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50568d001cd35 Childcare and Parenting Students begin video chat with Mattie, a parent from Holland.
Childcare and Parenting Students begin video chat with Mattie, a parent from Holland.

Childcare and Parenting "chat" with Holland Parent

September 16, 2012

Students in Childcare and Parenting learned much about the difference in culture in regards to parenting last week as they participated in a live video chat with a parent, Mattie, from Holland.


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50568d001cd35Mattie, 1989 PHHS Foreign Exchange Student from Holland, shared with the class parenting customs and government laws in Holland.
Mattie, 1989 PHHS Foreign Exchange Student from Holland, shared with the class parenting customs and government laws in Holland.

In 1989 Mattie was a foreign exchange student from the Netherlands who lived with Barb and Gene Young and attended school here at PHS.  Mattie is lovingly titled the "foreign exchanged aunt", by student Miranda Hoffart, granddaughter of the Young's.  Miranda had recently reunited with Mattie when she was here this past summer visiting the Young family. Mattie has returned to visit Plainview three times since 1989.

The class had been discussing the roles and responsibilities of parents along with cultural differences when Miranda had the idea of a video chat with Mattie.   With a time difference of 8 hours to consider, a time was arranged and questions were prepared by students. 


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50568d001cd35Miranda Hoffart arranged and facilitated the video chat as Mattie was the foreign student who lived with her grandparents Barb and Gene Young in 1989.
Miranda Hoffart arranged and facilitated the video chat as Mattie was the foreign student who lived with her grandparents Barb and Gene Young in 1989.

Mattie easily answered students' questions about parenting customs, laws, and traditions.  Students were impressed with her language skills (she speaks six languages), and knowledge of parenting and the law (she has 2 young children).   Due to her experiences here as a teen in 1989 and experiences since then in her travels back to the U.S., Mattie was able to compare and contrast for students the differences in parenting styles among Holland and US parents. In addition to parenting, she was able to provide information on the educational system and laws related to parenting and health care.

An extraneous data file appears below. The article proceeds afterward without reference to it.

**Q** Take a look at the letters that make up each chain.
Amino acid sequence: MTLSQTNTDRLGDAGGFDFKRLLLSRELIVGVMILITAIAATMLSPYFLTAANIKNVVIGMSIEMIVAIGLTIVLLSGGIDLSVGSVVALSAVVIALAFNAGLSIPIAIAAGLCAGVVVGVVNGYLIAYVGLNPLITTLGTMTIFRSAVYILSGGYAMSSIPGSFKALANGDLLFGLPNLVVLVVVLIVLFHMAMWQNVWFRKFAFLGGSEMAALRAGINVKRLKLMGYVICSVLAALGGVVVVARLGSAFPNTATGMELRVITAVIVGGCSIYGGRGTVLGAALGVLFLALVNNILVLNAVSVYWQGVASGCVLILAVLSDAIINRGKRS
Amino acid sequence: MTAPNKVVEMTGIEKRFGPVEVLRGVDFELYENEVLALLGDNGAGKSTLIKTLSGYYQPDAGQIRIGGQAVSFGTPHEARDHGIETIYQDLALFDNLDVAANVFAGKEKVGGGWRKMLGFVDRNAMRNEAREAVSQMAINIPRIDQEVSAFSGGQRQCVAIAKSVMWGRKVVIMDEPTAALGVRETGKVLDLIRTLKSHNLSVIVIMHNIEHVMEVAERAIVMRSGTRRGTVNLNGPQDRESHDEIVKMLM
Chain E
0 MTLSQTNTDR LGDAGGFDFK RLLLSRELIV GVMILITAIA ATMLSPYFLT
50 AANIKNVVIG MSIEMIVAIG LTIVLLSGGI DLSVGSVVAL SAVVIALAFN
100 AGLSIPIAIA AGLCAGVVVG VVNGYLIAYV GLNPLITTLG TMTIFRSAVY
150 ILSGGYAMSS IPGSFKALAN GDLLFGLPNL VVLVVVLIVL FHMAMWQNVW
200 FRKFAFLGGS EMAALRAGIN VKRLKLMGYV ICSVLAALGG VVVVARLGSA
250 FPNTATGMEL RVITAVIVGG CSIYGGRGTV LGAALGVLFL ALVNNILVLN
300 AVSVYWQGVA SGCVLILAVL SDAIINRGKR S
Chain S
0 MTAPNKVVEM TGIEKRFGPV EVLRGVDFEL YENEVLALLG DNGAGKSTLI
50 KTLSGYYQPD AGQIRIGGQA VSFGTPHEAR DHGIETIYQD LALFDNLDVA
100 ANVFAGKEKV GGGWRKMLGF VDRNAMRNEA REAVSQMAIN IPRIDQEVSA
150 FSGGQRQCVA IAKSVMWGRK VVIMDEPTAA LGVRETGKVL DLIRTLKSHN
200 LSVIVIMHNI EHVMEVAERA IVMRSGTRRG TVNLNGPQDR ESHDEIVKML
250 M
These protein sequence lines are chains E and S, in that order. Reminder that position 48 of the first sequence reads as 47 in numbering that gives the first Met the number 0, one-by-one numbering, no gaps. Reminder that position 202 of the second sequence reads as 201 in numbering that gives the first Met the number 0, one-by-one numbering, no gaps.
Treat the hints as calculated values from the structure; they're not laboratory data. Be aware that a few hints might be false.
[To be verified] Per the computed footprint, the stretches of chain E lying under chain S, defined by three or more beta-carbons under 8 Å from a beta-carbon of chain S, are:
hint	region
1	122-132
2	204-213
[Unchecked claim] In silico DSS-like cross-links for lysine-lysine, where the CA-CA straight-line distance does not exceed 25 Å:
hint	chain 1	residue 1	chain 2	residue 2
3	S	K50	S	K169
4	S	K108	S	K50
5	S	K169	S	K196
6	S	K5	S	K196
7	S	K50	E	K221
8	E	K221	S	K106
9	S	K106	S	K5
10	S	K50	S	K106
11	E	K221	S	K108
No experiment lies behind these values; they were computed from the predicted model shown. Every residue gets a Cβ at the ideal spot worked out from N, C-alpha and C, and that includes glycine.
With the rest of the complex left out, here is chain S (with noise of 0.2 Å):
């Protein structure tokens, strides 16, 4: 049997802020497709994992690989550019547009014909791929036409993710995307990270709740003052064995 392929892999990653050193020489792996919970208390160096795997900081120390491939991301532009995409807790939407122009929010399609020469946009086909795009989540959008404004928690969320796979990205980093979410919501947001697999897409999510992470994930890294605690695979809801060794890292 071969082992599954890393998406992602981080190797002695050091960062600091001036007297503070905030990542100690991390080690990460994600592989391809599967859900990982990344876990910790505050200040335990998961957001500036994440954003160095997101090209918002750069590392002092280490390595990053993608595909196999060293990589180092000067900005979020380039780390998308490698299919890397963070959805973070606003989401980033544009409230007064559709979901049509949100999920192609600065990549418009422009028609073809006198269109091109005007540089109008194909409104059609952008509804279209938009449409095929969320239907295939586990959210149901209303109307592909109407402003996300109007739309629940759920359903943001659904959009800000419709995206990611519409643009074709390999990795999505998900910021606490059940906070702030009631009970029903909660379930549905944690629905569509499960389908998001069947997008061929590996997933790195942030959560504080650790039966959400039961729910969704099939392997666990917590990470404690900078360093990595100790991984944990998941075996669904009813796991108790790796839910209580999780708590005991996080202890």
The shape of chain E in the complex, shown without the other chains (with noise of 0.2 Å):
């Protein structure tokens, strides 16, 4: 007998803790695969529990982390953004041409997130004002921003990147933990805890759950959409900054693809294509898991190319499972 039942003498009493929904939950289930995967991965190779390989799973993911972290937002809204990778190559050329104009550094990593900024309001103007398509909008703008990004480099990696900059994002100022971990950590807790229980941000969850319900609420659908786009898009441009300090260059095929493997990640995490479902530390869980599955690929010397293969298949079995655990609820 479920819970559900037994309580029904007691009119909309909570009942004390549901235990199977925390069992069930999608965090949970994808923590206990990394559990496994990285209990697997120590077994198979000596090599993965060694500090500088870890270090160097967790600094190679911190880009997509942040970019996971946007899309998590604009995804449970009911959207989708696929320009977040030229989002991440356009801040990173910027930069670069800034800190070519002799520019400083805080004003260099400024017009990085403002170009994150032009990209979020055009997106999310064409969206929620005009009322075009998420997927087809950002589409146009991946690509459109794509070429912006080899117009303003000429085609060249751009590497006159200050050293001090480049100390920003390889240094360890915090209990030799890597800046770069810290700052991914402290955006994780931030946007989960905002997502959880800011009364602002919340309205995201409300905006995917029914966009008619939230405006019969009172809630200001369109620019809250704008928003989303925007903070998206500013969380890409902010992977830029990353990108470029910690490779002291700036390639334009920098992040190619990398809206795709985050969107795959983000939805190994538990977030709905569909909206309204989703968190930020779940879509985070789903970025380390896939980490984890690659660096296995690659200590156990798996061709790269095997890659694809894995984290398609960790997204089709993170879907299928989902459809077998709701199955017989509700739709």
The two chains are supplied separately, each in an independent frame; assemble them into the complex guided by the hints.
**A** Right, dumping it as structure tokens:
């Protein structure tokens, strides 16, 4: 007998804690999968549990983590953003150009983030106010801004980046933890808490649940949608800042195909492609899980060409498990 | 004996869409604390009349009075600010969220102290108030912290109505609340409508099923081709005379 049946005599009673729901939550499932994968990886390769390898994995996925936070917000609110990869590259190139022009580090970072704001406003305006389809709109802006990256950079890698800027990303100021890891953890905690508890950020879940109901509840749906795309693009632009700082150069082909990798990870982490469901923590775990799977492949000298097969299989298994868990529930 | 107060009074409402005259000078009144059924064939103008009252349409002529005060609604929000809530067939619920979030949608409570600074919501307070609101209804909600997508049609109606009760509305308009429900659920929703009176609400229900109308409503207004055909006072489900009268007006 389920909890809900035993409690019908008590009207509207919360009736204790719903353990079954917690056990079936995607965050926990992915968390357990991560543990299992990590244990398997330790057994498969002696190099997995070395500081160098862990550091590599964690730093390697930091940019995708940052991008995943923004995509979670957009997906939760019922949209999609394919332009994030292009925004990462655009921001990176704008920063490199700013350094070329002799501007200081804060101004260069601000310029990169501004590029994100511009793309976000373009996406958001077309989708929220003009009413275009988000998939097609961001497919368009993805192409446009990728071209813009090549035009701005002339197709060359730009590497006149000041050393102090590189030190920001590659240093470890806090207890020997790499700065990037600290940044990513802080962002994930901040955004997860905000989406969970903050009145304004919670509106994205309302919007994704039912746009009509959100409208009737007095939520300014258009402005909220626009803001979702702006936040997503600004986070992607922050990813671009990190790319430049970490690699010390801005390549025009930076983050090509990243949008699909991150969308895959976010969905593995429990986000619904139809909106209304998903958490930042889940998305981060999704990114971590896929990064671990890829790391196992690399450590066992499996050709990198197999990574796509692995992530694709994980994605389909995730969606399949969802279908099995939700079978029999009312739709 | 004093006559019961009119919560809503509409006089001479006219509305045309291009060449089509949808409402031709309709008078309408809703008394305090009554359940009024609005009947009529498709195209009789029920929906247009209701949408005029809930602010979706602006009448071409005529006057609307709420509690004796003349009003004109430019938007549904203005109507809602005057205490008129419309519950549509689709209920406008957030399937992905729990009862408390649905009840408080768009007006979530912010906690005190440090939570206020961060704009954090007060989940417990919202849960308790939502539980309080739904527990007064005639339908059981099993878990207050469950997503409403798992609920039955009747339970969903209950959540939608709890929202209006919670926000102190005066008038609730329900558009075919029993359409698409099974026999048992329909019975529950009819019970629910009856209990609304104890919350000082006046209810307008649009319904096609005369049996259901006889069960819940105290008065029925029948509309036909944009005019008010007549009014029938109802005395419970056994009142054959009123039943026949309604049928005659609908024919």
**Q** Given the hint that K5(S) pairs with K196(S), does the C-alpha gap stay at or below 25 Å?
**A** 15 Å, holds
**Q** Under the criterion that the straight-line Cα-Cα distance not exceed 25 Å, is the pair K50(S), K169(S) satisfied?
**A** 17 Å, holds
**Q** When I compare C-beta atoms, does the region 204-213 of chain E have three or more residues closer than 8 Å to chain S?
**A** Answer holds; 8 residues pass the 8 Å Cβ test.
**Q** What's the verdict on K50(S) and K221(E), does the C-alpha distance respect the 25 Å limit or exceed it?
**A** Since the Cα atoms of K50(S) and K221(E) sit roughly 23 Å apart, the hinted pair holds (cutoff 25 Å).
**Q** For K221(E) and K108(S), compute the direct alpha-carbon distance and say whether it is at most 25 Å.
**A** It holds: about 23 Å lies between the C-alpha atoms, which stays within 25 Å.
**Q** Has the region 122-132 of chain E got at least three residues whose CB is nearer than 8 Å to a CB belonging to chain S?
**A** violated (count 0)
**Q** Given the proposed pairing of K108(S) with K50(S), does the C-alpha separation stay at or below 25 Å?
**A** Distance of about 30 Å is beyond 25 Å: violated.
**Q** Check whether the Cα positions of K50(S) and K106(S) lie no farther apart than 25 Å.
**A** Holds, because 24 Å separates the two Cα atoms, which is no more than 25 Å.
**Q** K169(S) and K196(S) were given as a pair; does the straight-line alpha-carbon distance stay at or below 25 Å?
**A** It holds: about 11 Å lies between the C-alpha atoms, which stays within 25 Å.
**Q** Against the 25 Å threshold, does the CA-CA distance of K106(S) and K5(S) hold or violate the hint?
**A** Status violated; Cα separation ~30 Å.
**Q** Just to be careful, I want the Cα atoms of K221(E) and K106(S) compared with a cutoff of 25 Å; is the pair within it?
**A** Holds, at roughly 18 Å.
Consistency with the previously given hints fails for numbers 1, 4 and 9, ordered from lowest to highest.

Comments from students in class include...

"When speaking with Mattie from Holland, I learned that children are protected by the government.  The government is a part of the child's life from the beginning.  Most deliveries occur at home with a medical practitioner present (no pain medication is used), a nurse is provided by the government for the first 10 days to live with them and assist the parent, the mother gets 16 weeks off of work and the absence is paid for by the government, the government also pays for monthly well baby check ups for four years and also pays for all immunizations," stated Erika Neumann. "The government provides us with lots of education in raising/parenting our children. 

"The government is also involved in their education.  A child starts school at first grade when they are 4-5 years of age (all must be in school by age 5). The government pays for a student’s education until they turn 12; then the parents must pay for the child's education.  College (university education) begins at 17 years. Children and parents select which university to attend where they go to school for up to 3-4 more years," stated Riane Cash. "Sports, dances, and other extra curricular activities that we have here are not part of their school system.  They are extras that students participate in after school hours." 

"Spanking as a form of discipline is not seen.  Time-outs are used the most along with removing privileges.  Of course, some parents are stricter than others about different things. Holland is a little more health conscious than the United States.  Most meals are eaten at home as fast food is very expensive.  Daycare is also paid for by the government...subsidized based on your income,” stated Karen Follette. "When we discussed child abductions, she said they were uncommon, but they do have the Amber Alert like we have."

"There were many points of interest, but what interested me the most was on how young kids could be to do things.  On of the things was with drinking and buying tobacco.  For a child to drink just beer they can be 16, but must be 18 or older to drink hard liquor.  Tobacco products can be purchased at 16.  A child is considered an adult at the age of 18, but they usually start what they call college at about 17.  Tattoos and piercings can be done at the age of 16 without parent permission.  Facial piercings in Holland are more common that tattoos," stated Laredo Stacken. Miranda Hoffart added, "The one set back would be is that they can't drive until they are 18, although they can get a license for a scooter (Moped)."

 

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